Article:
Lucia di Lammermoor
Met Opera on Demand
Metropolitan Opera, New York
In my earlier reviews of the current Met Opera on Demand season, I’ve commented on the old-fashioned nature of Met stagings in all but recent productions. This was never more true than of the 1982 broadcast of Lucia di Lammermoor, which is now available to stream. I think that Sir Walter Scott, on whose The Bride of Lammermoor the opera is based, wouldn’t be surprised by anything he saw.
When the singing is superlative, as it is here, I always feel that it makes no difference whether the staging was conceived in 1904 or the opera were set on a U-boat.
Lucia was Joan Sutherland’s signature role. She first sang it at Covent Garden in 1959 and still owned it at the age of 57. The voice was beginning its decline by then but it wasn’t the warble it became in the years leading up to her retirement in 1990. The performance is still a wonder to behold.
She’s matched by Spanish tenor Alfredo Kraus in the role of Edgardo. He was perhaps the most under-rated of the great tenors of the second half of the 20th century. His performance as Massenet’s Werther was phenomenal and he’s stupendous here too, especially in his two fourth act arias that end the opera. I have to say, I had to scroll back and hear them again.
The story’s simple: Lucia is betrothed to one man while in love with another, stabs the bridegroom to death, goes mad and dies and then the true lover stabs himself too.
Richard Bonynge, husband and frequent collaborator of Sutherland, conducts the Met Orchestra nimbly and full-bloodedly. The act 3 sextet, one of the loveliest ensemble moments in all opera, is taken at a fair lick but sets the audience off again (the video would be quite a bit shorter if it weren’t for the frequent breaks for worshipful applause).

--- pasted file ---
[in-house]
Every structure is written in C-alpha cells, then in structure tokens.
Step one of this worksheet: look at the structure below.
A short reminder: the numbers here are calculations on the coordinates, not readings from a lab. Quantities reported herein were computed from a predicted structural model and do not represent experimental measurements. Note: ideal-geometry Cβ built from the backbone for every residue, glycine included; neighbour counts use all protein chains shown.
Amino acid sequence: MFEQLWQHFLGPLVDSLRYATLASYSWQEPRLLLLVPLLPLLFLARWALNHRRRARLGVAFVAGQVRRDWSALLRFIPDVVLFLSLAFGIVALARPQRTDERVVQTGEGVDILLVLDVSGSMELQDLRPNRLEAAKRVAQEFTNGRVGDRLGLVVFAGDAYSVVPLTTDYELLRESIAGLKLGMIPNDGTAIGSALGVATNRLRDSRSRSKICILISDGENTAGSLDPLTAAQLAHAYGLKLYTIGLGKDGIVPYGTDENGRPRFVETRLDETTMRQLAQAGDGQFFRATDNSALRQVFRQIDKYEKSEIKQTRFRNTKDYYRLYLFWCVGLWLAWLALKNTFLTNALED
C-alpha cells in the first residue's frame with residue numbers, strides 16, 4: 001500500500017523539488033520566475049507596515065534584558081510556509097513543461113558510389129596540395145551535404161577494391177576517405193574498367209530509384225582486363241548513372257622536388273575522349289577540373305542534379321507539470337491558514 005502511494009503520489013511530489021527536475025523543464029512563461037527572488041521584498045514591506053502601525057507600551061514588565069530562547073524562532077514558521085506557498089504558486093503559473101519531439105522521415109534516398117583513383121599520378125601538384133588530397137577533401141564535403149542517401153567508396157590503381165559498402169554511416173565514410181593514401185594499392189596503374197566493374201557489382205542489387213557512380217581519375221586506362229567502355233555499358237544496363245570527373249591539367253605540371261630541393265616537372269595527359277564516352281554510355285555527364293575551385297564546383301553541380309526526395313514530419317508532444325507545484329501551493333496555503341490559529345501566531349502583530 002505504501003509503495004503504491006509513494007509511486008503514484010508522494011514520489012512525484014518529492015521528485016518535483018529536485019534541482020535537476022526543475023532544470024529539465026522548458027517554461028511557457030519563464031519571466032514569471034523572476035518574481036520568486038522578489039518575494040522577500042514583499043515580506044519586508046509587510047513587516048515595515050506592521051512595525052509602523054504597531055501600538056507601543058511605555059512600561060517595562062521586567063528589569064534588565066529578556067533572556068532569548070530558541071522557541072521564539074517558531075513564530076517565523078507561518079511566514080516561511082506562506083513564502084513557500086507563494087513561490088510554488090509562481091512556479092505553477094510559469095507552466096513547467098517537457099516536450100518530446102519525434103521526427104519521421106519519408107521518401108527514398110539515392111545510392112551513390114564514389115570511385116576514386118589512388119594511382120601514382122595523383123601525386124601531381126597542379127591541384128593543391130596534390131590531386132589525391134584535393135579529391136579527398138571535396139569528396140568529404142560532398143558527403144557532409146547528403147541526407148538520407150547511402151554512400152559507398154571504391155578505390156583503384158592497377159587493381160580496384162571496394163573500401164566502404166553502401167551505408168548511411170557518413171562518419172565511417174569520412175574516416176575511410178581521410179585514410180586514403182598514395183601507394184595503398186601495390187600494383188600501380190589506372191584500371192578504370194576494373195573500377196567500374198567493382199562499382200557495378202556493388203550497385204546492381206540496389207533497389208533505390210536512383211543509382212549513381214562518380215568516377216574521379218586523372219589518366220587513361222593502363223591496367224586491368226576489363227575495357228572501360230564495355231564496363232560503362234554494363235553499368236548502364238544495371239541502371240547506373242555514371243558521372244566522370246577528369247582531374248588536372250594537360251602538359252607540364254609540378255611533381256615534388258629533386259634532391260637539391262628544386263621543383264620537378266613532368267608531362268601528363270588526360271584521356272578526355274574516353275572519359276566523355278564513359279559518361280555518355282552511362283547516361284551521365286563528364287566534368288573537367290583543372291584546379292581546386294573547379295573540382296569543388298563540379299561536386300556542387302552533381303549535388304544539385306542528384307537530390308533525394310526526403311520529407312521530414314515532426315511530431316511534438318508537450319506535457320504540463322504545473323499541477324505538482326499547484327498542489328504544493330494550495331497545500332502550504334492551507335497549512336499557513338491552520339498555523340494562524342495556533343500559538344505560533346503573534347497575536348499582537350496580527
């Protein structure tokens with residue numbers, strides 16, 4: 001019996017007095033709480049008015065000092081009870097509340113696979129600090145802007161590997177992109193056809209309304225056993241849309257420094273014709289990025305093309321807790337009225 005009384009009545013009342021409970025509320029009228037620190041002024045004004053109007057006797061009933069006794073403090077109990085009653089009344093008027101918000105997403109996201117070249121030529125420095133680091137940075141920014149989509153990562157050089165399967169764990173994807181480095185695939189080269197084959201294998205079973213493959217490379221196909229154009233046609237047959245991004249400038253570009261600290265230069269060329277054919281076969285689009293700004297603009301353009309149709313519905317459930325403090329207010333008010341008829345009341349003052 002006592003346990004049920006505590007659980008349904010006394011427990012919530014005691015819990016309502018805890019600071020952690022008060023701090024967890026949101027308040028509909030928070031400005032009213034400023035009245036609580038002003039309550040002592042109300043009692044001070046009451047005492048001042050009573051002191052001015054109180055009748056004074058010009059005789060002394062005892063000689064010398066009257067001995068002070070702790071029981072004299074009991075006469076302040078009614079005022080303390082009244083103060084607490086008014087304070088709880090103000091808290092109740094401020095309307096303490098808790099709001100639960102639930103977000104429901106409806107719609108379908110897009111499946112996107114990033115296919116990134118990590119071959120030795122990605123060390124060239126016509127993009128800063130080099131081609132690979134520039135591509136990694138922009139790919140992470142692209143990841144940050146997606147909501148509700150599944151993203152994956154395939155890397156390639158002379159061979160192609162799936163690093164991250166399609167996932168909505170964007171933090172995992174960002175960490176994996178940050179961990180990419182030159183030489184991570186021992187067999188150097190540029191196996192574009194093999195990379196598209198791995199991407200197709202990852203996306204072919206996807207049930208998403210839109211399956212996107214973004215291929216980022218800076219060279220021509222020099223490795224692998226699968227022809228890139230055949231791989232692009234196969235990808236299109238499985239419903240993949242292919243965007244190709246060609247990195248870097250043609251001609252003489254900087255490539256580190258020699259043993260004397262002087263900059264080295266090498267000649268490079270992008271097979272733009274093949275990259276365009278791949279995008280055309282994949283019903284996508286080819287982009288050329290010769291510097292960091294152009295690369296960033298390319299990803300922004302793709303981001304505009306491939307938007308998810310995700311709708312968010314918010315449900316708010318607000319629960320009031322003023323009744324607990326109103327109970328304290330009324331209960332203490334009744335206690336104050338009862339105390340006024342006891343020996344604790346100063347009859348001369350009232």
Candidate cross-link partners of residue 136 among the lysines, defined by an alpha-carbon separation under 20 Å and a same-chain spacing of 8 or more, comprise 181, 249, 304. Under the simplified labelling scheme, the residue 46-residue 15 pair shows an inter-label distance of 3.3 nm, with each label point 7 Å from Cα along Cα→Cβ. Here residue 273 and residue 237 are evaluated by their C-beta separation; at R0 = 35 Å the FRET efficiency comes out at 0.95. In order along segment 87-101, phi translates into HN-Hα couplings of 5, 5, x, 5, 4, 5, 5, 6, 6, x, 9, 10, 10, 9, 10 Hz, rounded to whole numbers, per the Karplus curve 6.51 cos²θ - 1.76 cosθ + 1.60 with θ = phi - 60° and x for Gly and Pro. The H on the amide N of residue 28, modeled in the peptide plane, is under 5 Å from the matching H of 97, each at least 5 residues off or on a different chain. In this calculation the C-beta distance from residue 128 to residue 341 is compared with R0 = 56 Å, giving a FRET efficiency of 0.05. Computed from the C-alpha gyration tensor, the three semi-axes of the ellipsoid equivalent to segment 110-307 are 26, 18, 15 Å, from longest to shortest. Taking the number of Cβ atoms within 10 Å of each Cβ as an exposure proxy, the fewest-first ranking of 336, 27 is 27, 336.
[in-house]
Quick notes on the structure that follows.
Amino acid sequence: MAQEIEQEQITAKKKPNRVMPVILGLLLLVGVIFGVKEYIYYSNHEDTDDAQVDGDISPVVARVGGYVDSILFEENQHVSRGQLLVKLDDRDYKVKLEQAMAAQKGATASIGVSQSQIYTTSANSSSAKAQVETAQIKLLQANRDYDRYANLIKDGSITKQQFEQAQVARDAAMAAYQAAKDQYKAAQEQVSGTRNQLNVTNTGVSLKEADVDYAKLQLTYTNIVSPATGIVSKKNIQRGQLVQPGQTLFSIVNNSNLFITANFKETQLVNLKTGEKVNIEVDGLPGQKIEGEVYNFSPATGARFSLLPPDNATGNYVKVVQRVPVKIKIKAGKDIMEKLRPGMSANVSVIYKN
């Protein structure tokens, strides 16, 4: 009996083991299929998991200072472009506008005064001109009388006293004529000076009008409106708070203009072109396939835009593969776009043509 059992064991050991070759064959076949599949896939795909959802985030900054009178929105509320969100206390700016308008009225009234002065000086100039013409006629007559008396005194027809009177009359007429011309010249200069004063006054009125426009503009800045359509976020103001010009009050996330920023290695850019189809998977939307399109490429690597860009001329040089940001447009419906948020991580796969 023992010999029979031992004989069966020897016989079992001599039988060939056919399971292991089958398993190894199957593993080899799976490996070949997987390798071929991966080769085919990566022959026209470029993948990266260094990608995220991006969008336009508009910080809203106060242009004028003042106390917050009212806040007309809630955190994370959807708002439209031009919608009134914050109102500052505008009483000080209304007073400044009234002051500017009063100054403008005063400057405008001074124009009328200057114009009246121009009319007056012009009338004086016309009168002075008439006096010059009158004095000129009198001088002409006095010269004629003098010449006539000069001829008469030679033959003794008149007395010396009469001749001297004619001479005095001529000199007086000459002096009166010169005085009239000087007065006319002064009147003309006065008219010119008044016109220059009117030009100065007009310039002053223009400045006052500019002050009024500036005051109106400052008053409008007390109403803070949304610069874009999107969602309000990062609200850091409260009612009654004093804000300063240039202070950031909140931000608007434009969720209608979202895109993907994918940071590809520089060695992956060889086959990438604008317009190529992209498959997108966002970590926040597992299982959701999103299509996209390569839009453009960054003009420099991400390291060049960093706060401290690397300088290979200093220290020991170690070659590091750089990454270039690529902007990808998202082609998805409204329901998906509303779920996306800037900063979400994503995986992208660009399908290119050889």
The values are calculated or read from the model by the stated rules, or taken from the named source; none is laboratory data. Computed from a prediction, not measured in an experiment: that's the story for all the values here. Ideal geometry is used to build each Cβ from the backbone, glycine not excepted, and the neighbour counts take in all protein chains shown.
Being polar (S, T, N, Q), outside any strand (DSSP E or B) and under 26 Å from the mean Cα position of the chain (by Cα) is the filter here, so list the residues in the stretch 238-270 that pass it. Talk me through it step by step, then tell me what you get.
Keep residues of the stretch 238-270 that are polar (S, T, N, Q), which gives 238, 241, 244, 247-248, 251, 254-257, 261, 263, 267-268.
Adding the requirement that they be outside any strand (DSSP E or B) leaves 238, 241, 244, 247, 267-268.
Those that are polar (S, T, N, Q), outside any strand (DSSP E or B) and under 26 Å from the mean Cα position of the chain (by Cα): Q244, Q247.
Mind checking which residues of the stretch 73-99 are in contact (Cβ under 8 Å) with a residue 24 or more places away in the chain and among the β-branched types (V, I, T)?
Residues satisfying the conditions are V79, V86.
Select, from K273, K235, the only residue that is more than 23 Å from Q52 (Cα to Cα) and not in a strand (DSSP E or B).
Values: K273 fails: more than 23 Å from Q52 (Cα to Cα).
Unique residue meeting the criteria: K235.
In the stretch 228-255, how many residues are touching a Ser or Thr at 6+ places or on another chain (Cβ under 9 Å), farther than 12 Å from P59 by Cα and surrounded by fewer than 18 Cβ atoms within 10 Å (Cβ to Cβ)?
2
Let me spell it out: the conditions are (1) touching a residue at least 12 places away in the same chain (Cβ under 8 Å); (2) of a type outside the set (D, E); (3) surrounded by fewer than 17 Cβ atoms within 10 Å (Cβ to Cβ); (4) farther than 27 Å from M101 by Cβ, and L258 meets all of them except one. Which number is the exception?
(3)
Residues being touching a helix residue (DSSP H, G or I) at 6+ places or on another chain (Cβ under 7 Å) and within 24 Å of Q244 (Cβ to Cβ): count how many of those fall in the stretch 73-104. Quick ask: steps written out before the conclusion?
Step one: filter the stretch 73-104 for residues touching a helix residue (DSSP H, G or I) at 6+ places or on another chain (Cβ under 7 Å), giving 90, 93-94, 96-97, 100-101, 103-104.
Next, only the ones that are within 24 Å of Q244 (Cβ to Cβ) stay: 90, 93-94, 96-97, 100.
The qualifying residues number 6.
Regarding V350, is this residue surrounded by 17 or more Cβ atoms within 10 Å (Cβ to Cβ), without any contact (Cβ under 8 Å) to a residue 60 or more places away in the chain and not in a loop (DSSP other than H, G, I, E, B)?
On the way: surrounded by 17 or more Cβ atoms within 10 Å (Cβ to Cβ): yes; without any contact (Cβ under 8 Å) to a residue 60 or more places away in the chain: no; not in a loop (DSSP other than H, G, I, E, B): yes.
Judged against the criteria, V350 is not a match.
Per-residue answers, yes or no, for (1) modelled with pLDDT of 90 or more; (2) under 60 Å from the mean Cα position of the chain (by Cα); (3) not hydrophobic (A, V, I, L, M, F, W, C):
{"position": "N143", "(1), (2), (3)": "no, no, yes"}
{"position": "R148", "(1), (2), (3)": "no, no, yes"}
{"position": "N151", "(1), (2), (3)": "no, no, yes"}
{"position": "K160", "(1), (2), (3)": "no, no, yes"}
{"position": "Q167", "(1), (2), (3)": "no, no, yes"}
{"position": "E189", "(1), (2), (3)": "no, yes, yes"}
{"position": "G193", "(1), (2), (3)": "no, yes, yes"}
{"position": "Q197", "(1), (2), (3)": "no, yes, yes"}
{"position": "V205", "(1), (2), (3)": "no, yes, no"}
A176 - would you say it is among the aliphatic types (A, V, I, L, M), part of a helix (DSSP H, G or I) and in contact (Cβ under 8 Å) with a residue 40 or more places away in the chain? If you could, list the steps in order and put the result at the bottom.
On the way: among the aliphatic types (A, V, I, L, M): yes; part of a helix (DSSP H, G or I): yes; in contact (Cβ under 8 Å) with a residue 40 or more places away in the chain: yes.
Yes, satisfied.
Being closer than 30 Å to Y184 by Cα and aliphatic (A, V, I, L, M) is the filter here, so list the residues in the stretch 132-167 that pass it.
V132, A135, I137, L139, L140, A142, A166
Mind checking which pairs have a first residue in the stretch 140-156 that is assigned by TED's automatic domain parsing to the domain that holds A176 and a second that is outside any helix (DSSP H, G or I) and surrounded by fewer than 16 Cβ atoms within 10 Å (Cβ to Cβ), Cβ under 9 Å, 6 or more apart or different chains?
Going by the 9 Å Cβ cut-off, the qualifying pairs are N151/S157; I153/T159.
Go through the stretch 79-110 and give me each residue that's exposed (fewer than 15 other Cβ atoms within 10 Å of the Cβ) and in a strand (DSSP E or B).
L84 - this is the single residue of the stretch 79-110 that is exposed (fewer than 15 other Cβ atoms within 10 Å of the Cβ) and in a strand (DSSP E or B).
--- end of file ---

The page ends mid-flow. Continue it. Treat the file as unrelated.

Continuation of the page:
What you won’t hear is the eerie effect created by the glass harmonica, something that Donizetti originally intended and which has come back into fashion of late. The flute accompaniment to Sutherland’s fireworks in the so-called mad scene is less effective but you barely notice as she takes all the runs, trills and top notes in her stride.
The supporting cast, including long-term Met favourite Paul Plishka as Raimondo and Pablo Elvira as Enrico, are strong and the chorus are on top form.
The essence of bel canto opera is standing and delivering beautiful sound but recent productions of Lucia di Lammermoor, such as David Alden’s at English National Opera, have shown it can be an effective piece of drama too.
I can’t resist thinking that the best way to hear it, though, is in a presentation like this: the best singers doing their best work and the director relegated to the side-lines. We may not get the chance to see that again in the future, so this is a slice of the past to treasure.
There are a number of ways of tapping into this opera and others at will. The Met Opera On Demand service offers annual ($149.99) and monthly ($14.99) subscriptions as well as a one-off payment ($4.99) for those who have limited time or only want to watch the occasional opera.
Reviewer: Simon Thomas